Medical Negligence (Tas)
Updated on Nov 15, 2022 • 5 min read • 291 views • Copy Link
Medical Negligence (Tas)
When a healthcare provider fails to treat a patient with reasonable skill and care, resulting in damage to the patient, this is known as medical negligence. In this circumstance, the injured party may be entitled to compensation under the Civil Liability Act 2002 and common law. This compensation is available for medical and professional care costs, loss of earnings, and pain and suffering.
Medical duty of care in Tasmania
Many occupational groups have a legal duty of care to prevent foreseeable harm to others. For instance, healthcare providers have a responsibility to protect the safety and well-being of their patients. Indeed, they have a greater responsibility than most professionals because of their special skills and the vulnerability and dependence of their patients. Under the Civil Liability Act, registered medical practitioners in Tasmania have a duty to provide a reasonable standard of care, and to adequately warn of risks associated with treatment.
That is not to say that a healthcare professional is expected to be perfect. They are only required to exercise the appropriate degree of skill and care that another professional would display in the circumstances. Failing to take this reasonable care can lead to a claim of medical negligence.
What is medical negligence in Tasmania?
Proven instances of medical negligence are actually relatively uncommon in Australia. A recent report found only 60 cases of preventable harm occurred in hospitals over one year. However, when medical negligence does occur, it can have a shattering impact on the lives of the affected patients.
Examples of medical negligence you can claim compensation for include:
- delayed diagnosis or misdiagnosis;
- prescription errors;
- providing inadequate post-operative care;
- surgical errors or improper insertion of implant or device; or
- failure to disclose medical risk.
During a medical negligence case, the court looks at what occurred and hears evidence from expert witnesses. This evidence is often contradictory or at least inconsistent. The court decides, based on this evidence, whether the healthcare professional provided the standard care that is expected in the situation. The standard of care is judged against peer professional opinion of accepted medical practice.
Reasonableness is a central question in a medical negligence case. For instance, an ER doctor cannot reasonably be expected to take the same degree of caution checking patient history in an emergency situation as a GP in standard practice. Similarly, a junior doctor is not expected to have the same degree of skill as a leading specialist in the field. This does not mean that a junior doctor is not held to a high standard, but the standard may only require that the junior doctor refers the patient to a specialist rather than applying specialist skills themselves.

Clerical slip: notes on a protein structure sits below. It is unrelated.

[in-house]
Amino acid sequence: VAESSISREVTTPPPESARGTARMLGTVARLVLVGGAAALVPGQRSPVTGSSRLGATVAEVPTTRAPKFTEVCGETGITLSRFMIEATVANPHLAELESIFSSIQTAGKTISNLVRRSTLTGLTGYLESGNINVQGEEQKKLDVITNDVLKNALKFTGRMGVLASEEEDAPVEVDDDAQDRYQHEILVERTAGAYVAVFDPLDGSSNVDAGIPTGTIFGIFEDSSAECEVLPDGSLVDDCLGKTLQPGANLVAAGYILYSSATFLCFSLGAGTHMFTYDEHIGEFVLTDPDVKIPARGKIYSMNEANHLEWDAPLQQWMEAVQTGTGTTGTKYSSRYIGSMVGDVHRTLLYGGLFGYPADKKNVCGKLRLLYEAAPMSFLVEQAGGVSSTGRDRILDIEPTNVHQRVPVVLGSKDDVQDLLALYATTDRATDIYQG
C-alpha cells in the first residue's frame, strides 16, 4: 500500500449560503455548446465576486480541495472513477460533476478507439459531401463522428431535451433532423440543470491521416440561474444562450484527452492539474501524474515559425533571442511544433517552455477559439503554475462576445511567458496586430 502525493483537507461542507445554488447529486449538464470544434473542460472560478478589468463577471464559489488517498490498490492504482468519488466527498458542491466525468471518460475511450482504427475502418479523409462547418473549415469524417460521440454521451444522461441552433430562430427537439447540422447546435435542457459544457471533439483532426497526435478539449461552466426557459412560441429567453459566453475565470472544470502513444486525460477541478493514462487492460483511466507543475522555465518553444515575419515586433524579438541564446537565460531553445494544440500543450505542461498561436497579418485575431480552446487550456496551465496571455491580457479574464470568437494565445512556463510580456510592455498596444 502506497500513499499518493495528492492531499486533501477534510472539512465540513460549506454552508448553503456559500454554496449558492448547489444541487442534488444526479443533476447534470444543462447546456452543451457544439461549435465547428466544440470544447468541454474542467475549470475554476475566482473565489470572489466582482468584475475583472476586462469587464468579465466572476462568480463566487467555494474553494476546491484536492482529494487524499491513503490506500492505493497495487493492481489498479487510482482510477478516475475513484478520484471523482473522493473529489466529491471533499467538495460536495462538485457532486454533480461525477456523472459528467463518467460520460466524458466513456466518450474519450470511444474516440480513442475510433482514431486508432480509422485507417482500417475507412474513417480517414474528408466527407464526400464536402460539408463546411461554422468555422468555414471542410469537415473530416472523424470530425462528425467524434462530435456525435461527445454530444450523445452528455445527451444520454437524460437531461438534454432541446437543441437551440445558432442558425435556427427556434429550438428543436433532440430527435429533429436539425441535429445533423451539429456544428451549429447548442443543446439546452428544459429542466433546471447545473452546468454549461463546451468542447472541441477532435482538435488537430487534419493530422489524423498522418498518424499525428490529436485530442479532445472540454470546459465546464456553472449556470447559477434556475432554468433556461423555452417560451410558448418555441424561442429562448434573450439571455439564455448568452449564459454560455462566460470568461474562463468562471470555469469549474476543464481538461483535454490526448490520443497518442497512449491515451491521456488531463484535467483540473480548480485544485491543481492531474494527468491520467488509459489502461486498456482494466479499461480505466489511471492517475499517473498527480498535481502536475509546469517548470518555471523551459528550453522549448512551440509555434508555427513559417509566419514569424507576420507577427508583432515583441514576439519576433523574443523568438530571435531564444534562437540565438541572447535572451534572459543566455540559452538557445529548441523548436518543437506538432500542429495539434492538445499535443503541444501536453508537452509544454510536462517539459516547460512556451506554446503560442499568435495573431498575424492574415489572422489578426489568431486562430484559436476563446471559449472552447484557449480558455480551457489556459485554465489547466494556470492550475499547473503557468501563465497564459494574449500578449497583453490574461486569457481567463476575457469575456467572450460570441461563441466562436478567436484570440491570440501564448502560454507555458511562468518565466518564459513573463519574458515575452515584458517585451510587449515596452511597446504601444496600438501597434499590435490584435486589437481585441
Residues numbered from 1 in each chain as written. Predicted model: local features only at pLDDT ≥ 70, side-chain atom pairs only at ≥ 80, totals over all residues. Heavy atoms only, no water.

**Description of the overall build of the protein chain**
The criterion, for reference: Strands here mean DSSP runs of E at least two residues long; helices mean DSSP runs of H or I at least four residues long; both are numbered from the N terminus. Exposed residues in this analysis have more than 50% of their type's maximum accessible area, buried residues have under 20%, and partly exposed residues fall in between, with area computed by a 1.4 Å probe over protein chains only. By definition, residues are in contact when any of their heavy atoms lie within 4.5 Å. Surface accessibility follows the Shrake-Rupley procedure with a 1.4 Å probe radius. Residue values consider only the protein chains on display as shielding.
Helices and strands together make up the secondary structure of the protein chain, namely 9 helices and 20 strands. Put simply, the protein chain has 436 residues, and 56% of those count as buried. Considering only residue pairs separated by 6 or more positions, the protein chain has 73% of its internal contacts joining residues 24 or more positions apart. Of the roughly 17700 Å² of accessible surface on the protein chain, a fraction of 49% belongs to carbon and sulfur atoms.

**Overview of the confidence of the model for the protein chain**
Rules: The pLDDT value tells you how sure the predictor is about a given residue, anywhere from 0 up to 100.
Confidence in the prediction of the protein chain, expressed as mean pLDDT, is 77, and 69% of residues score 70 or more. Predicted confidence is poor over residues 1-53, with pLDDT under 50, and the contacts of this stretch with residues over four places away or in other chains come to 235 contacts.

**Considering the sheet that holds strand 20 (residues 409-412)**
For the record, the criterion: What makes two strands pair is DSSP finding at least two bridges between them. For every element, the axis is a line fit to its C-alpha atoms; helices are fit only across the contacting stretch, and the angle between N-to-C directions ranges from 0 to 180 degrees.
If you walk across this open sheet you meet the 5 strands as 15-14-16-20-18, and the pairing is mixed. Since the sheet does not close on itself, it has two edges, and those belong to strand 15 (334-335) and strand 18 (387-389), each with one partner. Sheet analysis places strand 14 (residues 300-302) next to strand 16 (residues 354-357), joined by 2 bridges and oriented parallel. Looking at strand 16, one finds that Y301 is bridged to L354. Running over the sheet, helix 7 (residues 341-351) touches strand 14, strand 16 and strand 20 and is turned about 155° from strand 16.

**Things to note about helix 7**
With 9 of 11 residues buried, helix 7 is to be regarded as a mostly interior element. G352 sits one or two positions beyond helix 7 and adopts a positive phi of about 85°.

A patient who suffers harm because of the negligence of a medical professional in a hospital typically sues the hospital rather than the individual. Hospitals are vicariously liable for the negligence of staff members, independent consultants and visiting specialists. This system of vicarious liability places the onus on the entity that is best placed to ensure proper standards of staff selection, training and procedures.
Proving medical negligence
In order to prove a medical negligence claim, a patient must establish that:
- The healthcare professional had a duty of care to them;
- The healthcare professional failed in their duty of care; and
- The healthcare professional’s negligence caused them harm.
Medical negligence can be difficult to prove because of problems obtaining relevant evidence. An injured patient must rely on the doctor or hospital to supply much of the evidence. In addition, a claimant also needs to find a doctor who is willing to say that another doctor was negligent.
Another hurdle to proving medical negligence is that there are inherent risks with all medical treatments. It is not enough to prove that a procedure caused an injury. It must be established that the healthcare professional took a definite step that was contrary to accepted medical practice, and that it was this action that caused the injury.
Additionally, it can be difficult to establish damages if the patient had a pre-existing condition when they underwent treatment. A medical negligence claimant is very often suffering from a medical issue before the alleged negligence. While the patient may have considerable medical problems after the treatment, only the injuries that flowed directly from the negligence can be compensated.
The Limitation Act 1974 specifies the deadlines to make a negligence claim. In Tasmania, there is a limitation period of three years for a patient to commence an action for medical negligence. The clock starts ticking on the date of discoverability, which is the date when the claimant discovered that they experienced damage from the negligence. It may be several years before a patient discovers the extent of the harm. There is, however, a bar against legal action after 12 years. The limitation period does not start while the patient is still a child or has a legal disability or incapacity due to mental or intellectual disability.
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